I think I side with Tim Challies, but for slightly different reasons. Here’s why I’m not so impressed with the iPad…

  • Zero capacity for time travel. After reading all the hype I was under the impression that I was going to be able to transport myself directly back to 1992 and watch brand new episodes of “Home Improvements”. Apparently Steve Jobs hasn’t heard of a flux capacitor (see Back to the Future).
  • No ability to be my personal bond-servant. I was envisioning something along the lines of “Hal” from 2001: A Space Odyssey, except that the iPad wouldn’t attempt to kill me or take over my life. It would just make my bed and be a true friend.
  • No shoulder support. It would appear that the iPad is really just an enormous, Shaq-sized iPod. With an iPod this large, I want to wear jam pants and carry it on my shoulder through the mall, pumping out the tunes, like an old boom box. But there’s no shoulder support. Come on Apple, looks aren’t everything.
  • No bulletproof anything. Okay can we be honest for a second? For what it does, the iPad is enormous. Almost like a police riot shield. If I’m going to carry it around, shouldn’t I at least be able to block a bullet with it as well? But I didn’t see one mention of bullet proof casing on the specs.
  • No built in celebrity voices. You can read books on the iPad. Not impressive. I can read books on paper too. I want something that is going to read books to me, preferably in pre-recorded celebrity voices. I want to have Sean Connery reading the book Desiring God to me.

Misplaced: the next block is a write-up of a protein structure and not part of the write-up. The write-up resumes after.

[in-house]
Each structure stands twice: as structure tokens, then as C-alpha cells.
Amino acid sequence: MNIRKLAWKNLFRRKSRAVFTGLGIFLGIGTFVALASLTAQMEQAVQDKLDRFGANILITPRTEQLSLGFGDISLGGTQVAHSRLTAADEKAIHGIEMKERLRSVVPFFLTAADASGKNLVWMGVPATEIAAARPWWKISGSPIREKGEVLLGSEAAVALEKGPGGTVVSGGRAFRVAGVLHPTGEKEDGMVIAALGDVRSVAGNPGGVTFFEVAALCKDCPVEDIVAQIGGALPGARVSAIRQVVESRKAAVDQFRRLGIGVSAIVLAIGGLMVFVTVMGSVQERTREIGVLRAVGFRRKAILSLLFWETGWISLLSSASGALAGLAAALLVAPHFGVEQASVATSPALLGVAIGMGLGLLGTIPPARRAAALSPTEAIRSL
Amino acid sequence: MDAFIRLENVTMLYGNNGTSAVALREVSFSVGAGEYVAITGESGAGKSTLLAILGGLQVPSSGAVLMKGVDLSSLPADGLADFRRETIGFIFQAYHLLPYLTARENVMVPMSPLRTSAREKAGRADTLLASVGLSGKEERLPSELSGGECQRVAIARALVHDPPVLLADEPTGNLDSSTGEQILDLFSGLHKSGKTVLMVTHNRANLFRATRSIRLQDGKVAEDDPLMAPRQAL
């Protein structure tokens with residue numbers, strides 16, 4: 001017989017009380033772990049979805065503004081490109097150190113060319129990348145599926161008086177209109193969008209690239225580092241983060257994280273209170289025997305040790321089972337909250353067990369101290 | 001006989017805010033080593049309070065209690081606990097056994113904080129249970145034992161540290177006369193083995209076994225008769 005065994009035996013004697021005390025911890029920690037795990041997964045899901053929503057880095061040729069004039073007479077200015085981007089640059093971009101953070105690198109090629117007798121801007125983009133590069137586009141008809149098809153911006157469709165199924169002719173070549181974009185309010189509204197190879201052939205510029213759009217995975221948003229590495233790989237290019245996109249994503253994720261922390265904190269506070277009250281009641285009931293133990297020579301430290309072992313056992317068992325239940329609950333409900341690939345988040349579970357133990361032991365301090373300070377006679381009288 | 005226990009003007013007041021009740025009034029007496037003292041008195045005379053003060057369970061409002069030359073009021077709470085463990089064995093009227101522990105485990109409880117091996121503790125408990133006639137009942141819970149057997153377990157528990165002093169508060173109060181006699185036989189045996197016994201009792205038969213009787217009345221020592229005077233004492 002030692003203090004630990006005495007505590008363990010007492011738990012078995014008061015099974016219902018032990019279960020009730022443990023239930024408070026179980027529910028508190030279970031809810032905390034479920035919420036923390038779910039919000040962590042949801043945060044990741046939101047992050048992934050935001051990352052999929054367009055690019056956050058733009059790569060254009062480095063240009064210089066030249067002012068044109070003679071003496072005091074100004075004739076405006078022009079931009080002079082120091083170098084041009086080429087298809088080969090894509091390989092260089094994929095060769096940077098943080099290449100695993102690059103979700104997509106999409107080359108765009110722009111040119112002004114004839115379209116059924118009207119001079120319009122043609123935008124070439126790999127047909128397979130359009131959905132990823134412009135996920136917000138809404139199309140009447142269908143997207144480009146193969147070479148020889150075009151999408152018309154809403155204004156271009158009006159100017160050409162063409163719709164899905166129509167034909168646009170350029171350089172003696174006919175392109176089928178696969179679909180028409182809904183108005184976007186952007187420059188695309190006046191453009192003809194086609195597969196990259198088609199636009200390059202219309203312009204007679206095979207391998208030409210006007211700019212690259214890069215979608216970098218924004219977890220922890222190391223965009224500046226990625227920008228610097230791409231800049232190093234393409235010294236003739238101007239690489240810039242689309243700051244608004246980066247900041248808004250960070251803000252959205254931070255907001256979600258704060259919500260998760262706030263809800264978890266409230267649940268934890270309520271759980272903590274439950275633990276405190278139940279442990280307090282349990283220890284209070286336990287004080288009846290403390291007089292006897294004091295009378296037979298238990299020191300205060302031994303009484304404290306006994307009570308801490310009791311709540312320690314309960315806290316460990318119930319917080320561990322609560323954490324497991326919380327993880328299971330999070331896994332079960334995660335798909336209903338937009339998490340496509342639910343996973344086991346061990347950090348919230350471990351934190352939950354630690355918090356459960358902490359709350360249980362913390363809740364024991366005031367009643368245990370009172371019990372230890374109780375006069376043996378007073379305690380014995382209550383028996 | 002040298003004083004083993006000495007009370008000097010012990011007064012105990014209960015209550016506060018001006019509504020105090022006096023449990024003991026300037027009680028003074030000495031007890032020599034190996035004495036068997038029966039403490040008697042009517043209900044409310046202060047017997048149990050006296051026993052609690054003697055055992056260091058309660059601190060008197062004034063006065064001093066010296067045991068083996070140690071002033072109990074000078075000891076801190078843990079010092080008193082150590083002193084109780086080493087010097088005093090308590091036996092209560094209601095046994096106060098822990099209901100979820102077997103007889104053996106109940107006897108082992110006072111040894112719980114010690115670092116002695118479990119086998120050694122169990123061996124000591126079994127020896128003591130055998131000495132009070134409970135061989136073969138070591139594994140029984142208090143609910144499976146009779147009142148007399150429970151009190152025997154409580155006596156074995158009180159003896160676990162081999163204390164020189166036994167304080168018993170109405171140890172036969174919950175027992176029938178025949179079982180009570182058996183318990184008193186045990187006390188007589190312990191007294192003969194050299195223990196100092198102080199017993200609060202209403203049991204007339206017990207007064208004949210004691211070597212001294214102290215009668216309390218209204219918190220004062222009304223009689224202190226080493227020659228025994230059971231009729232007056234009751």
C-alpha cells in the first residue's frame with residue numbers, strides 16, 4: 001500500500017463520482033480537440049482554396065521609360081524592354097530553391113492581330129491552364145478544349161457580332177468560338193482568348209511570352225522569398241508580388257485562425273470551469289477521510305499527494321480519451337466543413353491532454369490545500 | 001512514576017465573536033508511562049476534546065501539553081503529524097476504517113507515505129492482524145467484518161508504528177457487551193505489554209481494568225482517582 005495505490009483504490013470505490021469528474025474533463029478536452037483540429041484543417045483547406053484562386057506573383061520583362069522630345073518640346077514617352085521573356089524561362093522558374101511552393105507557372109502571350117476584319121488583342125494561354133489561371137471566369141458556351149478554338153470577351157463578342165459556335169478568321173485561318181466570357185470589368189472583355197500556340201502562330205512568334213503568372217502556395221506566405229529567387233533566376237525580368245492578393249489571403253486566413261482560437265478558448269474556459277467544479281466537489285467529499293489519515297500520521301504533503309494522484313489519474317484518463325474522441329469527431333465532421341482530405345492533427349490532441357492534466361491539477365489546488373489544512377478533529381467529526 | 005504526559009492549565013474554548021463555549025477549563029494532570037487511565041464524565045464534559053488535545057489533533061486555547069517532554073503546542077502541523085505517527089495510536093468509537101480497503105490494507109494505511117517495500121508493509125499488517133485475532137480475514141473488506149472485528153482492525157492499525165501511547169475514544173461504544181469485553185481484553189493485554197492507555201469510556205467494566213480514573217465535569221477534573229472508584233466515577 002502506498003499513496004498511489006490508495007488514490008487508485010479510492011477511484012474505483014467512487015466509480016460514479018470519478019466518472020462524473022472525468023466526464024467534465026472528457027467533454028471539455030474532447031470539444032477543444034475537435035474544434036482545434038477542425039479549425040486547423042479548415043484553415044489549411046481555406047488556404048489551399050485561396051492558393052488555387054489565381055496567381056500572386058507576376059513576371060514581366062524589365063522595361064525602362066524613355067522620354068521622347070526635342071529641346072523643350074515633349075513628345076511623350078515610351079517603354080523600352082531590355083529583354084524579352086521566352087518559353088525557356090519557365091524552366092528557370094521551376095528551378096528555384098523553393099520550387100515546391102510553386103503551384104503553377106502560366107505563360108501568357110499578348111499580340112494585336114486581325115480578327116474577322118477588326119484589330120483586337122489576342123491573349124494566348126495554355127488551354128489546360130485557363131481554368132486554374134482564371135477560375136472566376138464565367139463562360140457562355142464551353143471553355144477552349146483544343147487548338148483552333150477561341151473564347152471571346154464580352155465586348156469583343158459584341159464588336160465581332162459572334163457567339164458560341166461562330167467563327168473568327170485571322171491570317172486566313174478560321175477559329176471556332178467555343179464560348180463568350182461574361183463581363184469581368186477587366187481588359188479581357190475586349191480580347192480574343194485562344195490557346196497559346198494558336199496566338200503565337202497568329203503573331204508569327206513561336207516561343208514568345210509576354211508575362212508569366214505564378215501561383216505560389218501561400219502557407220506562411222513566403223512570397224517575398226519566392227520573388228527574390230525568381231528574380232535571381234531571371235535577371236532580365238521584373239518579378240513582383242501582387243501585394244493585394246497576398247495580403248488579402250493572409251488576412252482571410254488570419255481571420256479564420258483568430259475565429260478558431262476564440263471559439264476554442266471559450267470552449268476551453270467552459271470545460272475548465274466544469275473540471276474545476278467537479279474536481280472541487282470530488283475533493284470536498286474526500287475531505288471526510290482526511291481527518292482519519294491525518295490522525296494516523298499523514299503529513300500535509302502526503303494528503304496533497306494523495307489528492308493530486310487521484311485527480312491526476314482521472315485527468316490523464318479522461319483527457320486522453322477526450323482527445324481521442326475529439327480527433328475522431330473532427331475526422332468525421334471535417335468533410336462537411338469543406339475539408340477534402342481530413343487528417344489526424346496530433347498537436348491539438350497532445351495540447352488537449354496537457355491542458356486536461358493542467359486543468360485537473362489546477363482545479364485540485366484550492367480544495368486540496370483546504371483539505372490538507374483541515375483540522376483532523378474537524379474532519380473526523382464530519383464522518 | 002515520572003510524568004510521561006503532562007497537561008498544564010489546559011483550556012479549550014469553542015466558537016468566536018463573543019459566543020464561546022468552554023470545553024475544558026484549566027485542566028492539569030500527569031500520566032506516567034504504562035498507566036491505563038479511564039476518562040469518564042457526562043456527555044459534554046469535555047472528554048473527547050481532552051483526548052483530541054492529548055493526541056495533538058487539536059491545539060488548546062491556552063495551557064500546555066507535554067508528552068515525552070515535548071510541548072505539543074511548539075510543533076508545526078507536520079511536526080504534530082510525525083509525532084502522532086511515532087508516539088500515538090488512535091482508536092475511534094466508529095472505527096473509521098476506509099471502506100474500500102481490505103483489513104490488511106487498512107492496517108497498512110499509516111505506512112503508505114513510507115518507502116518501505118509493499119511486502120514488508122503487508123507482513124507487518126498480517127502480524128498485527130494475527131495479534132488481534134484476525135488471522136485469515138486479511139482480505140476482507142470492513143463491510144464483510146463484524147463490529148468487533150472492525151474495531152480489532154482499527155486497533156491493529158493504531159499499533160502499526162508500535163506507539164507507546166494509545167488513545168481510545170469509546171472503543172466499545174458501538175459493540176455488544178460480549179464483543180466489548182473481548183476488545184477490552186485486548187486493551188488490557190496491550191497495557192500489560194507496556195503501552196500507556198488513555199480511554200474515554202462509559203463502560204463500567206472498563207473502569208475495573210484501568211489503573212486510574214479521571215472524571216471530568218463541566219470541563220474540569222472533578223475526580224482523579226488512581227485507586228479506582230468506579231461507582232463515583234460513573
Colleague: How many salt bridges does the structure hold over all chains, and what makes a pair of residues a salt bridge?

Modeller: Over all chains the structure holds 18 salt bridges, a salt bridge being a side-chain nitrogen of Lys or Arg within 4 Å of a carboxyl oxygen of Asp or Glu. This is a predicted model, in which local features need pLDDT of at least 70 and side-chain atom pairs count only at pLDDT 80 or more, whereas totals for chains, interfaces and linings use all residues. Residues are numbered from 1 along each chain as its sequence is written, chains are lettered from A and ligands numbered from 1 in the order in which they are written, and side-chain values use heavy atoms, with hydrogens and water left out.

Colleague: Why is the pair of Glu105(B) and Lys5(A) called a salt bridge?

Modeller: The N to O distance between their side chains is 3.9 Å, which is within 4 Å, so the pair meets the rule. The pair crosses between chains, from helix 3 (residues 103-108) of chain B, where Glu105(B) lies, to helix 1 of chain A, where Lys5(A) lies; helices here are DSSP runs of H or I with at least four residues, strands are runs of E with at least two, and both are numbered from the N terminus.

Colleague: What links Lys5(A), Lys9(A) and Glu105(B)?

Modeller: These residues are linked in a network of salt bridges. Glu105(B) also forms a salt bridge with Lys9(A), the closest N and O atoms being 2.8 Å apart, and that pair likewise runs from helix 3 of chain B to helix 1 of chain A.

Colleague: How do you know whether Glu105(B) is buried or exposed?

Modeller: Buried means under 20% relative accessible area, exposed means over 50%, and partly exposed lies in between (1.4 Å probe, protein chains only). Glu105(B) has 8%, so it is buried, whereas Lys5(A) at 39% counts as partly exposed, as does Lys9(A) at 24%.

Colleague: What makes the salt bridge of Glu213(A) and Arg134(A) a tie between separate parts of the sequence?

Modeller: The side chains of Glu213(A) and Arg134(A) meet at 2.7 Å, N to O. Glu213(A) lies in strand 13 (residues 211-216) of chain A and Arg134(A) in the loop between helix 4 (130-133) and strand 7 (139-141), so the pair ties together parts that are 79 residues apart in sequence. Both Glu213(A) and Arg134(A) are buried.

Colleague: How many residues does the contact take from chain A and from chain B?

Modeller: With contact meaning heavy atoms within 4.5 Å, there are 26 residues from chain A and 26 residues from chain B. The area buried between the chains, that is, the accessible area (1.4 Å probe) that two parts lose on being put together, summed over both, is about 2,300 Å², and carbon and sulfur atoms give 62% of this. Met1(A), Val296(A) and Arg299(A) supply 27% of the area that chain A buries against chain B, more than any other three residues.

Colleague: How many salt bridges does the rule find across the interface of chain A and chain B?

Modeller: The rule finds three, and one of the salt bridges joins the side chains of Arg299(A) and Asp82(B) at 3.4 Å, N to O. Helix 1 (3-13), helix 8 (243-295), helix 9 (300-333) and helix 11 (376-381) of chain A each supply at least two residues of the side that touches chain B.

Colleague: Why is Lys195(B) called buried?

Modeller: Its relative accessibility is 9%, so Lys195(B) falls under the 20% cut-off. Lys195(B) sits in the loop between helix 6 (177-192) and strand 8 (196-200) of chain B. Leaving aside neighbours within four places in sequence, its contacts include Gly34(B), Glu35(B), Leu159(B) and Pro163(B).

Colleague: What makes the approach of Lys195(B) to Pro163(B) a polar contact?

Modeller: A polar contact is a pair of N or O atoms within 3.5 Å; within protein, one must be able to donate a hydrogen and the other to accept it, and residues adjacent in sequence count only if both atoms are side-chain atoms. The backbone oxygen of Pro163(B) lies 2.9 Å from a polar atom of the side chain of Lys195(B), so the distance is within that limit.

Okay, I’m done wigging out about the iPad.

Your turn. Are you impressed with the iPad?

What We Can Do For You, What You Can Do For Us

How can we improve this blog in 2010?

Longer posts? Shorter posts? More posts in series?

Should we post more times during the week? Less?

More posts about The Snuggie?

What would you like to see on this blog in 2k10?

Now, one thing you can do for us: add your voice

We love it when readers comment. You may feel like, “I’ve got nothing to say!” That’s okay. Even if you just let us know that you enjoyed a post, that’s fantastic.

Or you can leave other, smart, intelligent comments like:

  • I like salami
  • I like The Snuggie
  • You guys are morons

To make commenting more fun, we added a new comment system to the blog. You can leave a comment with your name and email, just like before.

OR…you can log in with Facebook or Twitter, and then you won’t have to log in every time you leave a comment.

If someone leaves a comment you like, you can give it a thumbs up, and the system keeps track of how many thumbs up a person has.